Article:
Prevention of Dental Disease

What's going on in the mouth?

What's going on in the mouth?

What's going on in the mouth?

You probably know that a dental cavity is a hole in a tooth. But did you know that a cavity is the result of the tooth decay process that happens over time? Did you know that you can interrupt and even reverse this process to avoid a cavity?

Our mouths are full of bacteria. Hundreds of different types live on our teeth, gums, tongue and other places in our mouths. Some bacteria are helpful. But some can be harmful such as those that play a role in the tooth decay process.  Tooth decay is the result of an infection with certain types of bacteria that use sugars in food to make acids. Over time, these acids can make a cavity in the tooth.

Throughout the day, a tug of war takes place inside our mouths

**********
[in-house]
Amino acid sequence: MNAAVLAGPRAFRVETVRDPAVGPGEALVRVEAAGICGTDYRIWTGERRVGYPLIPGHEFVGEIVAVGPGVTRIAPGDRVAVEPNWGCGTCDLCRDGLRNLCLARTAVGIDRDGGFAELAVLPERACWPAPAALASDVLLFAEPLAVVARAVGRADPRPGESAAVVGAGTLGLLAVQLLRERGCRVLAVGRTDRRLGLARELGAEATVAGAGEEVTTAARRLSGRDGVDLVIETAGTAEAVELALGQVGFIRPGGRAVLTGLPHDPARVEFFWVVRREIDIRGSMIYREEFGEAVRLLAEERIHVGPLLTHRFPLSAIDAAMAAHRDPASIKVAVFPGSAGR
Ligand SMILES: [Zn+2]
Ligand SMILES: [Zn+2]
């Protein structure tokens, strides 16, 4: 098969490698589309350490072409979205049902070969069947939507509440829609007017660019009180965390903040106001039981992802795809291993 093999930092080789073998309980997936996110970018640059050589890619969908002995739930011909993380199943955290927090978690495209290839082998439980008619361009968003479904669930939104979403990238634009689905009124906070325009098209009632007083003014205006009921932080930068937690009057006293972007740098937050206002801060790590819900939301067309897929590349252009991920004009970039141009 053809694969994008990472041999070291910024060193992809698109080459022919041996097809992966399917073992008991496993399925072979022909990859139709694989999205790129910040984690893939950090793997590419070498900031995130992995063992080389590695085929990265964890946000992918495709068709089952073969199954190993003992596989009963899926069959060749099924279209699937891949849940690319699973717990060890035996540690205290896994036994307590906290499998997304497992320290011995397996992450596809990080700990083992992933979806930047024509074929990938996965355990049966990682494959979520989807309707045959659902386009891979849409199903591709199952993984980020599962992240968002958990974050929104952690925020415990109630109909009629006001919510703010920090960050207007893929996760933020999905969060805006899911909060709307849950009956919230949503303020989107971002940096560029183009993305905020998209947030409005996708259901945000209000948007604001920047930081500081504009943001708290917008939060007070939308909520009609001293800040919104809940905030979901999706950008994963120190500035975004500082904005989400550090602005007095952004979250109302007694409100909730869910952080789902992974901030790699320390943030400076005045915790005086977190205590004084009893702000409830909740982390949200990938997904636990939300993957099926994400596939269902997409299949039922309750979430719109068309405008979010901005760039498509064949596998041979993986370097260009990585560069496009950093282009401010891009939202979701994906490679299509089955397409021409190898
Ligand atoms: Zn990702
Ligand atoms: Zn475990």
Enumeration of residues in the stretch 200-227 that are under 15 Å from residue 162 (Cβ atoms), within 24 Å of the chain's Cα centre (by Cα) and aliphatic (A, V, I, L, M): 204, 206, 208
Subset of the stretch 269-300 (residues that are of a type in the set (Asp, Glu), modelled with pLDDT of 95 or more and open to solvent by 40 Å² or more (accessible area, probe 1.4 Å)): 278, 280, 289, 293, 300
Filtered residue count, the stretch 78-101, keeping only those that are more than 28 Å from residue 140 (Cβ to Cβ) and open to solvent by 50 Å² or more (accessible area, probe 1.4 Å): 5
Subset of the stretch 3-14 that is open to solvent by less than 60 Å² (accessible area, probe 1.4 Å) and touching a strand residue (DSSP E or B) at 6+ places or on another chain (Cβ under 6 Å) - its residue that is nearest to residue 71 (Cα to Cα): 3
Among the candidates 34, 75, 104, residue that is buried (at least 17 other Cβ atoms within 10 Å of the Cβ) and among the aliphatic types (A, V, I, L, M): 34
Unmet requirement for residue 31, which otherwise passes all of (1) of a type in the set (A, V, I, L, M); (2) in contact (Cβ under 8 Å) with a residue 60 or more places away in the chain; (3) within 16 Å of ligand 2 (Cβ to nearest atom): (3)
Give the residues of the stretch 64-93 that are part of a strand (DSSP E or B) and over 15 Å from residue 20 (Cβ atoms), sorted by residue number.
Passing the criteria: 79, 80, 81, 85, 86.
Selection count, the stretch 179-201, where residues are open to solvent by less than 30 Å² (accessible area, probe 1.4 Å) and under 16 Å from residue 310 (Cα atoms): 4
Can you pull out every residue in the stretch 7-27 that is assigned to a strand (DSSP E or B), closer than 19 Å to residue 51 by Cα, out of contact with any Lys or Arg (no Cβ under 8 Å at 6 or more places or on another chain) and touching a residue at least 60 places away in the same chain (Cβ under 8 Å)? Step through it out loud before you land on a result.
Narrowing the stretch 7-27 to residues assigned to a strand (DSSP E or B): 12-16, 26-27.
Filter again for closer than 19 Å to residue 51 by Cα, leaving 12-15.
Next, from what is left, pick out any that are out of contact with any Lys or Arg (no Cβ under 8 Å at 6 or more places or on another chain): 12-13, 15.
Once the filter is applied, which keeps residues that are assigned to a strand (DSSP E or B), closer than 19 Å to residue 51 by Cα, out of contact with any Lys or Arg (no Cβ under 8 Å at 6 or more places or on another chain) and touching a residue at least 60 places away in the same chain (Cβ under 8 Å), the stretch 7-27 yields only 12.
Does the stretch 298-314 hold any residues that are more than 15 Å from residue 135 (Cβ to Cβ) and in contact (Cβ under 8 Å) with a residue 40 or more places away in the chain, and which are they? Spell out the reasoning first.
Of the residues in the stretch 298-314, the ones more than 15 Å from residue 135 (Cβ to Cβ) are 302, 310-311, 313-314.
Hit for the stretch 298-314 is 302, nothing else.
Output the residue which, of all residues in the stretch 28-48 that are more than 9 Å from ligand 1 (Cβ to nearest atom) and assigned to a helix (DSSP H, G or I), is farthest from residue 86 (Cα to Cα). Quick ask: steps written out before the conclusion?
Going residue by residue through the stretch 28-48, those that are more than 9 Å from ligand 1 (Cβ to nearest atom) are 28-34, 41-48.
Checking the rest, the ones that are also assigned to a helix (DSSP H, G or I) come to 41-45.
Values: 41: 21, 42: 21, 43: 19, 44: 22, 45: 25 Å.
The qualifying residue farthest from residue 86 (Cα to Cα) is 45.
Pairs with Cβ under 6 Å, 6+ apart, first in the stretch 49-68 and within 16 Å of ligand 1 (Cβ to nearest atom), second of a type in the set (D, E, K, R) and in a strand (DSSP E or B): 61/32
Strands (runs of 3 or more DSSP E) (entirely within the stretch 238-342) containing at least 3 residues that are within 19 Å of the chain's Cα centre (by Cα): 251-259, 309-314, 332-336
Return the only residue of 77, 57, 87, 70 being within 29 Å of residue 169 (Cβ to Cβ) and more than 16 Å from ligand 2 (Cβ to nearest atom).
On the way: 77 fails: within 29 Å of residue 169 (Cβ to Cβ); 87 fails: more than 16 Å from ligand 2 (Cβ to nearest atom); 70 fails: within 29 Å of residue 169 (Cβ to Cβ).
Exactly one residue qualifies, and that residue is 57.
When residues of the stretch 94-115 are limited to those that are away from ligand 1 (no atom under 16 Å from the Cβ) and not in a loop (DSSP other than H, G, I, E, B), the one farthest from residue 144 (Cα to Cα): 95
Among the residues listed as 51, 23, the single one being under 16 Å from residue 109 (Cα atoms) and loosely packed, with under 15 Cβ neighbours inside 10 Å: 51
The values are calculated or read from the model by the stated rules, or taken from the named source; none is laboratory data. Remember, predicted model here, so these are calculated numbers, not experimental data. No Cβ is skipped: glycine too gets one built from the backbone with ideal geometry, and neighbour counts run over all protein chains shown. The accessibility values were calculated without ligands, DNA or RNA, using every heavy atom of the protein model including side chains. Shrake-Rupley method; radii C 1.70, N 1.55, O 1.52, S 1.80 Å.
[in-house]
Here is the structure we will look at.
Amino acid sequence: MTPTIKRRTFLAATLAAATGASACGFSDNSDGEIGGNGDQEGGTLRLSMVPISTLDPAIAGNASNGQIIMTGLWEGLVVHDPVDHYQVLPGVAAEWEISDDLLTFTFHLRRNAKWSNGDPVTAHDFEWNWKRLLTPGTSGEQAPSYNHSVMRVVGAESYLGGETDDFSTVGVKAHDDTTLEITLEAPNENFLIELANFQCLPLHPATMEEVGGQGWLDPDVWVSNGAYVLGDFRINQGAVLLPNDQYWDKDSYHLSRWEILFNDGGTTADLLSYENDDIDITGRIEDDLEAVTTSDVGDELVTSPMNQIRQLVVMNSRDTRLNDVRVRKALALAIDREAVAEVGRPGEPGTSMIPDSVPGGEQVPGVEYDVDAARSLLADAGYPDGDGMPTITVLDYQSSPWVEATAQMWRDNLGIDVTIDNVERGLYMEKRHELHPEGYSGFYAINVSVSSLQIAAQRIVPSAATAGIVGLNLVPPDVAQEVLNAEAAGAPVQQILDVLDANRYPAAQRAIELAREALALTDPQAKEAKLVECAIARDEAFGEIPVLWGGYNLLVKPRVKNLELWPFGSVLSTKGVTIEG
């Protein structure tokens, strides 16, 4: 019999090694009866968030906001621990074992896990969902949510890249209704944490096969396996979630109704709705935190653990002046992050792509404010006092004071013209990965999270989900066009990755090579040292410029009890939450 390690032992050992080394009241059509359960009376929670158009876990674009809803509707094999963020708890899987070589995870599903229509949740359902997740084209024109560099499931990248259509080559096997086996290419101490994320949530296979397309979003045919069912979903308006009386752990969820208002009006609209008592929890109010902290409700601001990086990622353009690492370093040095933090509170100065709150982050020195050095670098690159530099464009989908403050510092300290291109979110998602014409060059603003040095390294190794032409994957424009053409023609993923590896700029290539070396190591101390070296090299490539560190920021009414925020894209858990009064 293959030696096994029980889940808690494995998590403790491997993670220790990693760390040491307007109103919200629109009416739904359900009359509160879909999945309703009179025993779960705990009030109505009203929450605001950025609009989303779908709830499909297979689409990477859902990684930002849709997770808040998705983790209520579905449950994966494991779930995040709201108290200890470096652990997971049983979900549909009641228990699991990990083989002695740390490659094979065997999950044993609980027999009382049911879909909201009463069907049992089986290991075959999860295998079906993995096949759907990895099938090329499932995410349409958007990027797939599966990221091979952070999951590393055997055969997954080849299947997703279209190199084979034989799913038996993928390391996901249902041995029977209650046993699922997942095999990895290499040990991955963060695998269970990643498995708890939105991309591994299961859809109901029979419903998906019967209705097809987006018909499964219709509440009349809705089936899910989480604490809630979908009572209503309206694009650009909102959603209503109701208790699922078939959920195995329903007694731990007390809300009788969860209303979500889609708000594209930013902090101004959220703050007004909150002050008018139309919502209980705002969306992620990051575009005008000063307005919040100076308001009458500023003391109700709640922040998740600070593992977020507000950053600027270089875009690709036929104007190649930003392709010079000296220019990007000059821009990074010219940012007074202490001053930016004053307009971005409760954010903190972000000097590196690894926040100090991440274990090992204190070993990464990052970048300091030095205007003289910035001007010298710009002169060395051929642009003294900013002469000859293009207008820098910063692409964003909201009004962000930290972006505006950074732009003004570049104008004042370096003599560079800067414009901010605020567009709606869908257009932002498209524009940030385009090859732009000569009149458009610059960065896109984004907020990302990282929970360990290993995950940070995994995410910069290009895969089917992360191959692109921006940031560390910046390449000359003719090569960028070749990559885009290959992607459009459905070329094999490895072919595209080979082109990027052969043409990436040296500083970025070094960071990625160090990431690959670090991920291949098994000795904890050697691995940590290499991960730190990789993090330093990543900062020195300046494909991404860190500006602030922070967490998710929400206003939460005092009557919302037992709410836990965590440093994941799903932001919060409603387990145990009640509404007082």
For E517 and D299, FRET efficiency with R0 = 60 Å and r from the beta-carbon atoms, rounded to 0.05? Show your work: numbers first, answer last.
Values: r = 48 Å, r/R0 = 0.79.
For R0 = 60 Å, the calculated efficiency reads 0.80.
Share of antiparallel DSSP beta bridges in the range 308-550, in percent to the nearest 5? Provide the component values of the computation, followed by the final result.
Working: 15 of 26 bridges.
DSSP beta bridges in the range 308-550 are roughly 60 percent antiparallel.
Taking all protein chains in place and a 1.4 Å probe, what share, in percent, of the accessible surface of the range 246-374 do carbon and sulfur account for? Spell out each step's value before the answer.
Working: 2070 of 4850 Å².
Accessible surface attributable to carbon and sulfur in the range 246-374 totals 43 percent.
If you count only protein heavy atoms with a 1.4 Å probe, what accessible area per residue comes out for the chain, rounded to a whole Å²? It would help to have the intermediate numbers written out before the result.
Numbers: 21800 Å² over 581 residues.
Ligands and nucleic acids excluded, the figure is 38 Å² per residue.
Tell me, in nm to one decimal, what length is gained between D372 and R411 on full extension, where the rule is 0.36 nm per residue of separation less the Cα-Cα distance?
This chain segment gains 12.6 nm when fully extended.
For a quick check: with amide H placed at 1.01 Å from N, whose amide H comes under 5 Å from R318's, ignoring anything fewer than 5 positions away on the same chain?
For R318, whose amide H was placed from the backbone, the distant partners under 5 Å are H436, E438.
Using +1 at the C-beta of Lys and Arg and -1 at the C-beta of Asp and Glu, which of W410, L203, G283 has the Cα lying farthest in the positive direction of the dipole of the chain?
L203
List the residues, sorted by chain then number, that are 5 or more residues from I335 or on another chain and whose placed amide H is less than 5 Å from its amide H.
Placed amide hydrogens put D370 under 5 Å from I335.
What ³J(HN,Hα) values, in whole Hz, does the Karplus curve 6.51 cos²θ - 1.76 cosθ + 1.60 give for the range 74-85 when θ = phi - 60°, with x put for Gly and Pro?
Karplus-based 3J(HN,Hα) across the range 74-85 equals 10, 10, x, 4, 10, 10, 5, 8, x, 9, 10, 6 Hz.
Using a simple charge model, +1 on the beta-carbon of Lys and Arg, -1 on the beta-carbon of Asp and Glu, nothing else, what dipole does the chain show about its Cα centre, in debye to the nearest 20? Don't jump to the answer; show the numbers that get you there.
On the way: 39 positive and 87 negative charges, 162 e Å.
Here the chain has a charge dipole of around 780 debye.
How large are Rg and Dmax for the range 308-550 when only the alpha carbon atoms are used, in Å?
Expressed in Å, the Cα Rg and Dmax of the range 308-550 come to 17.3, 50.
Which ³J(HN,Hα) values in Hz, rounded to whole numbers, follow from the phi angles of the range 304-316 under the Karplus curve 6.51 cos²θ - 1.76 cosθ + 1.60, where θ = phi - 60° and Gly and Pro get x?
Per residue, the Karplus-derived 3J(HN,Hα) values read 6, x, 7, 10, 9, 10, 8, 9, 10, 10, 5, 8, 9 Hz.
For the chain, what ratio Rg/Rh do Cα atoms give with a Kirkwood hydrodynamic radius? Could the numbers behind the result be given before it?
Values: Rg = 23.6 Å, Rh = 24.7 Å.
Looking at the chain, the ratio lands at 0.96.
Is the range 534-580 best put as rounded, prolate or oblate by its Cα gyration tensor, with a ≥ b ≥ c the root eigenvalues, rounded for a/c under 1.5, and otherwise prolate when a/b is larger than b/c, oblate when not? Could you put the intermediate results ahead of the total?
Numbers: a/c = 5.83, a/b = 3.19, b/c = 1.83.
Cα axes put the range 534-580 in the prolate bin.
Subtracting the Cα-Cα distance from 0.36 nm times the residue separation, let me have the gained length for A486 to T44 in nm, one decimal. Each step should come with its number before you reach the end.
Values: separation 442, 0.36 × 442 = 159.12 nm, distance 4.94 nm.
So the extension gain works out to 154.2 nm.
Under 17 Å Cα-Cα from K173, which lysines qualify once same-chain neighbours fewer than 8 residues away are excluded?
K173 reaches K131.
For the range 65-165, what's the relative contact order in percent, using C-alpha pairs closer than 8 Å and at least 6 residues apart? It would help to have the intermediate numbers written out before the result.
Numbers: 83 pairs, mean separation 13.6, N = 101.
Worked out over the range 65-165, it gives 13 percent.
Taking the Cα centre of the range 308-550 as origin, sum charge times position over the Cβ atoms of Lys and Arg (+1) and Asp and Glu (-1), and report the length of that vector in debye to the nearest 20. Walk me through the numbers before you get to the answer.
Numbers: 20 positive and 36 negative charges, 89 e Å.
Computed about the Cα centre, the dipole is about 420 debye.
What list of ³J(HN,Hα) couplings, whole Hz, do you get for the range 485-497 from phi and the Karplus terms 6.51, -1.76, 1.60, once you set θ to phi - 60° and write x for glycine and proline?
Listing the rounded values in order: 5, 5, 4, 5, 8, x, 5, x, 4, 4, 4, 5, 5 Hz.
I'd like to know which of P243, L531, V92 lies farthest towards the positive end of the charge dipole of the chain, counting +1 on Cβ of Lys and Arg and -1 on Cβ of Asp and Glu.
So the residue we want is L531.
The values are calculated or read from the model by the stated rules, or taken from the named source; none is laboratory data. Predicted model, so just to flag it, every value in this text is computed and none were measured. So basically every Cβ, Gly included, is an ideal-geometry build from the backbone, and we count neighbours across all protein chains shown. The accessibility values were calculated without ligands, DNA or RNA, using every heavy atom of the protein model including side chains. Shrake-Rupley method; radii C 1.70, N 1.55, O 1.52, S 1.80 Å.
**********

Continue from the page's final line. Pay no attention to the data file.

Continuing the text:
On one team are dental plaque—a sticky, colorless film of bacteria—plus foods and drinks that contain sugar or starch (such as milk, bread, cookies, candy, soda, juice, and many others). Whenever we eat or drink something that contains sugar or starch, the bacteria use them to produce acids. These acids begin to eat away at the tooth's hard outer surface, or enamel.

On the other team are the minerals in our saliva (such as calcium and phosphate) plus fluoride from toothpaste, water, and other sources. This team helps enamel repair itself by replacing minerals lost during an "acid attack."

Our teeth go through this natural process of losing minerals and regaining minerals all day long.​